If A Person Gains Personal Enhancement Through Prominence

1515 WordsFeb 11, 20177 Pages
If a person gains personal enhancement through prominence as an expert in a public controversy, such prominence may transfer him into a limited purpose public figure. In Gilbert, a well-known plastic surgeon sued one of his patients for establishing a website criticizing unsuccessful surgeries performed by the surgeon. The court held the surgeon voluntarily thrust himself into the controversy of plastic surgery by appearing on local television shows as well as writing articles in medical journals and beauty magazine, promoting the virtues of plastic surgery. Additionally, the court held that the surgeon’s sought-after prominence as an expert in and advocate for plastic surgery as means of personal enhancement transferred him into a limited…show more content…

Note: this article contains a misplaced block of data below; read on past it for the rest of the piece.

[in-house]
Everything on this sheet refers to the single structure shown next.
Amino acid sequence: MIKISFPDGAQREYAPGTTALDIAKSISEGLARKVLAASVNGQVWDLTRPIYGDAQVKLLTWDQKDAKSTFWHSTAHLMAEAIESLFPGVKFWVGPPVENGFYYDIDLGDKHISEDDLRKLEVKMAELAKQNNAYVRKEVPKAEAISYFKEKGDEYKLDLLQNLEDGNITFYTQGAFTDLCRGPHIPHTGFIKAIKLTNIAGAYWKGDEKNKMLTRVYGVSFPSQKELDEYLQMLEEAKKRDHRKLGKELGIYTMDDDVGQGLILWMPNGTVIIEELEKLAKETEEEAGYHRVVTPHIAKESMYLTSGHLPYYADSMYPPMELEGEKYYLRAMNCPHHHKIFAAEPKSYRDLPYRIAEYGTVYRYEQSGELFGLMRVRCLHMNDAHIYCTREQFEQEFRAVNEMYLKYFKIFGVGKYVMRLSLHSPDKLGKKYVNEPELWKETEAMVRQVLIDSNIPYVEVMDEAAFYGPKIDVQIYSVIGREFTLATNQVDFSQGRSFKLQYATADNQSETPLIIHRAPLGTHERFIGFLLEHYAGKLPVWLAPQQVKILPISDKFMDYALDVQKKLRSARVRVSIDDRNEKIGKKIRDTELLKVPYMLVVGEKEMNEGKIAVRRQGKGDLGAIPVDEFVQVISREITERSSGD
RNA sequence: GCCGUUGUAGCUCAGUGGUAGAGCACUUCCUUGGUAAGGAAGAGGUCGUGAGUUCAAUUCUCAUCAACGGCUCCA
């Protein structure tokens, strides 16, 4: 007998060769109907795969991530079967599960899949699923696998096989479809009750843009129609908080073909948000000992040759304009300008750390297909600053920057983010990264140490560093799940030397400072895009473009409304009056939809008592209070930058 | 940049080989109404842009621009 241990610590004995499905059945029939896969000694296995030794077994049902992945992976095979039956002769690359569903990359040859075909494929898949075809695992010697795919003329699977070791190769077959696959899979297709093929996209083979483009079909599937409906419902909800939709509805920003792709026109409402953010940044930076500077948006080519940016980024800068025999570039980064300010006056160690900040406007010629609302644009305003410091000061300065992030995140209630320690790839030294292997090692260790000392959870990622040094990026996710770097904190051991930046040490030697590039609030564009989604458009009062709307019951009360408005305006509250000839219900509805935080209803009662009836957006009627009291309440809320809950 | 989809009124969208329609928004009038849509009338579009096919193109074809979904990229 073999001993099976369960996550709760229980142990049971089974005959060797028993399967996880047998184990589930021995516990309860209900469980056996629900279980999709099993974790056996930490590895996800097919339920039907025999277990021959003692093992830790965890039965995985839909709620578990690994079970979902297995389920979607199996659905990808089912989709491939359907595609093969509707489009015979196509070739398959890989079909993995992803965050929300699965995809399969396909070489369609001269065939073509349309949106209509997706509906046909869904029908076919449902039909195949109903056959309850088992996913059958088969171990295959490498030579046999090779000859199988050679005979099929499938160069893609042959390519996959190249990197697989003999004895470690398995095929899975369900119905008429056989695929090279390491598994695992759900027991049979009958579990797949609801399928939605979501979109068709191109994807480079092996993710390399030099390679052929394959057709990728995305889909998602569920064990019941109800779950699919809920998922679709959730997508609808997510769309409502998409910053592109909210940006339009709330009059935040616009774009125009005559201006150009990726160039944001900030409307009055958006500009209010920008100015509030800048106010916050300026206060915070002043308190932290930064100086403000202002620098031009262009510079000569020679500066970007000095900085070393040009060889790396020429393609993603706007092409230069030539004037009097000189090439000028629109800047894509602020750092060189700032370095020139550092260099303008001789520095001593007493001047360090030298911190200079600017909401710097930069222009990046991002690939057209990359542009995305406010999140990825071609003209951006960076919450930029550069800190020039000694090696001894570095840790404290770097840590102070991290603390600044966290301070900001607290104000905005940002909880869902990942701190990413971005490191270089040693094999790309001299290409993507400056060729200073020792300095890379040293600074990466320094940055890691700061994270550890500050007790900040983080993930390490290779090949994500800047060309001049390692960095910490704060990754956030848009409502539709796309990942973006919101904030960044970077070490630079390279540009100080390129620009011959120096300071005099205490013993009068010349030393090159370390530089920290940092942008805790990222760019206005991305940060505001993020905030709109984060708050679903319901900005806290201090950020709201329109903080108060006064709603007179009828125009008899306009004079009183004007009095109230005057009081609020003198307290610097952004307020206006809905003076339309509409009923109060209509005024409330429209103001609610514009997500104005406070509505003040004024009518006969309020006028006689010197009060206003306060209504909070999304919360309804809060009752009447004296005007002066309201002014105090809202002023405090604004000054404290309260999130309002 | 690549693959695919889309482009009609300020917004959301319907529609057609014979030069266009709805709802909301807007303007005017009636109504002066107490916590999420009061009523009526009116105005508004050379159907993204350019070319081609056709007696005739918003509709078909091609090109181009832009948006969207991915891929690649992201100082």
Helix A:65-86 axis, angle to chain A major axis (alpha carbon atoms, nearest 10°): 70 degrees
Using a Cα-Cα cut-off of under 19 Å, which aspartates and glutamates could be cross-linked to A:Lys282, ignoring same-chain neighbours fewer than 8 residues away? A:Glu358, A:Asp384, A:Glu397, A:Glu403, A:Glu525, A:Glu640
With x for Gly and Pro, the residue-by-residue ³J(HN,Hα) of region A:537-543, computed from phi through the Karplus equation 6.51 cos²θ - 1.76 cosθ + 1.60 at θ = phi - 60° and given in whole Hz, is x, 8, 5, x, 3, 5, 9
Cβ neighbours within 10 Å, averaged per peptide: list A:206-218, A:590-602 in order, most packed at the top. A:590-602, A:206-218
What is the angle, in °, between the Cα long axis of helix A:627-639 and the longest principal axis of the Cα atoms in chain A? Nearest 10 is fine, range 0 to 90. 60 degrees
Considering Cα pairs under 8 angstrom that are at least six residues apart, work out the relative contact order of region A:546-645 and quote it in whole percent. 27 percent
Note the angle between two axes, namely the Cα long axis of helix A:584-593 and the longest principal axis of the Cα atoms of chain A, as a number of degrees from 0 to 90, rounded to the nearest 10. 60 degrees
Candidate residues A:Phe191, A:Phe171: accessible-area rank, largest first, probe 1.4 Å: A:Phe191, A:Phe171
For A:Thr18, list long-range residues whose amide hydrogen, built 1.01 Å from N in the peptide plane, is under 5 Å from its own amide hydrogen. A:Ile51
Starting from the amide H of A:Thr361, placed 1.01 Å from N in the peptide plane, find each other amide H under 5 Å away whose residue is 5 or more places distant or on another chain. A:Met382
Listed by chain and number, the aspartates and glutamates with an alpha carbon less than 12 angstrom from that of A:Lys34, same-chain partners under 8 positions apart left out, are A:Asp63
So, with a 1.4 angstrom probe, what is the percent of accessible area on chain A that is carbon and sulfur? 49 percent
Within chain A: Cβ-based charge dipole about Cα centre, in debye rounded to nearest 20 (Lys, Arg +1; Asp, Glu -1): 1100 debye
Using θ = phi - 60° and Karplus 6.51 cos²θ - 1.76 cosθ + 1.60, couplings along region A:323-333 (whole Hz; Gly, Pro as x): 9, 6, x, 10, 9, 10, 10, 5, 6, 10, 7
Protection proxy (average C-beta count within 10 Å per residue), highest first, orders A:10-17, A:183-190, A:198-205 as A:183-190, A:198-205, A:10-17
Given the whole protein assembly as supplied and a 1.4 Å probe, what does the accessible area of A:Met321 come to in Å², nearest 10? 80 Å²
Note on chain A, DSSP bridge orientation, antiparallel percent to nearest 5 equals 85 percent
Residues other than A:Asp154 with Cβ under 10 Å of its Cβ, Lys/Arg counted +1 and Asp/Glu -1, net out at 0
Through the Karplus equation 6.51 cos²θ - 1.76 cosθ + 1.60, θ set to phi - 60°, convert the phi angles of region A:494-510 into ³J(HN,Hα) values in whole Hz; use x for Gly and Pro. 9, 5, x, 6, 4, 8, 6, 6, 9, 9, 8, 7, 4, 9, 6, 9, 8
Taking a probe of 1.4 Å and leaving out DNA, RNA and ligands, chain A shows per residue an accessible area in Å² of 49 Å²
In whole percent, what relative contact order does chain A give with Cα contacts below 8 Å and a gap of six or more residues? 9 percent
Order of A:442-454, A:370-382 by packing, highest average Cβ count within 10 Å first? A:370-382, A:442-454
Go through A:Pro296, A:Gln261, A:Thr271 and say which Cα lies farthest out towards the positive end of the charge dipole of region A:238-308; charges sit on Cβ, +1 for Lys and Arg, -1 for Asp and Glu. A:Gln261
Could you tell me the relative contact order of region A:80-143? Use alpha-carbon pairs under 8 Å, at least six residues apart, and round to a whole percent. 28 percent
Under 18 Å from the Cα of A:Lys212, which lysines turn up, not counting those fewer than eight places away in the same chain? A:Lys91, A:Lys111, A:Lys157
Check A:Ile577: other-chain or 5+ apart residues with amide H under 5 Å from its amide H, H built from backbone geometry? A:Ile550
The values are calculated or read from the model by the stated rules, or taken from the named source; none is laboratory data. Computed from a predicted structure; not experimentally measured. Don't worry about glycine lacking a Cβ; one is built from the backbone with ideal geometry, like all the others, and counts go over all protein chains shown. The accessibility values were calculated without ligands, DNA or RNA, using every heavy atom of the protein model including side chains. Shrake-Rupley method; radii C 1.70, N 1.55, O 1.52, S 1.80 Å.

The court held that the president had injected himself into the controversy, and he was a limited purpose public figure. Moreover, the court held that even though there was a period of time when the controversy was not discussed publicly, the president’s public figure status did not end spontaneously with the stopping of the publicity. Rather, the public figure status continued as long as the particular controversy continued. A company’s publication on a public forum with the purpose of influencing a controversy may be voluntary injection. In Ampex, a former employee posted negative comments about a company on an Internet message board, accusing his former employer of incompetence and the company’s management of being defective. The company issued press releases in response to the defamation, and made them available on the company Web site. The court found the company had voluntarily injected itself into the public controversy, because the Web site was a public forum that the company frequently made public announcements on it for people to view. Publishing the issued press releases on a public forum to influence the public opinion and counter the negative comments, such actions was sufficient to prove the injection, because these actions had inserted the company into the public’s eye about the controversy. Similar to the
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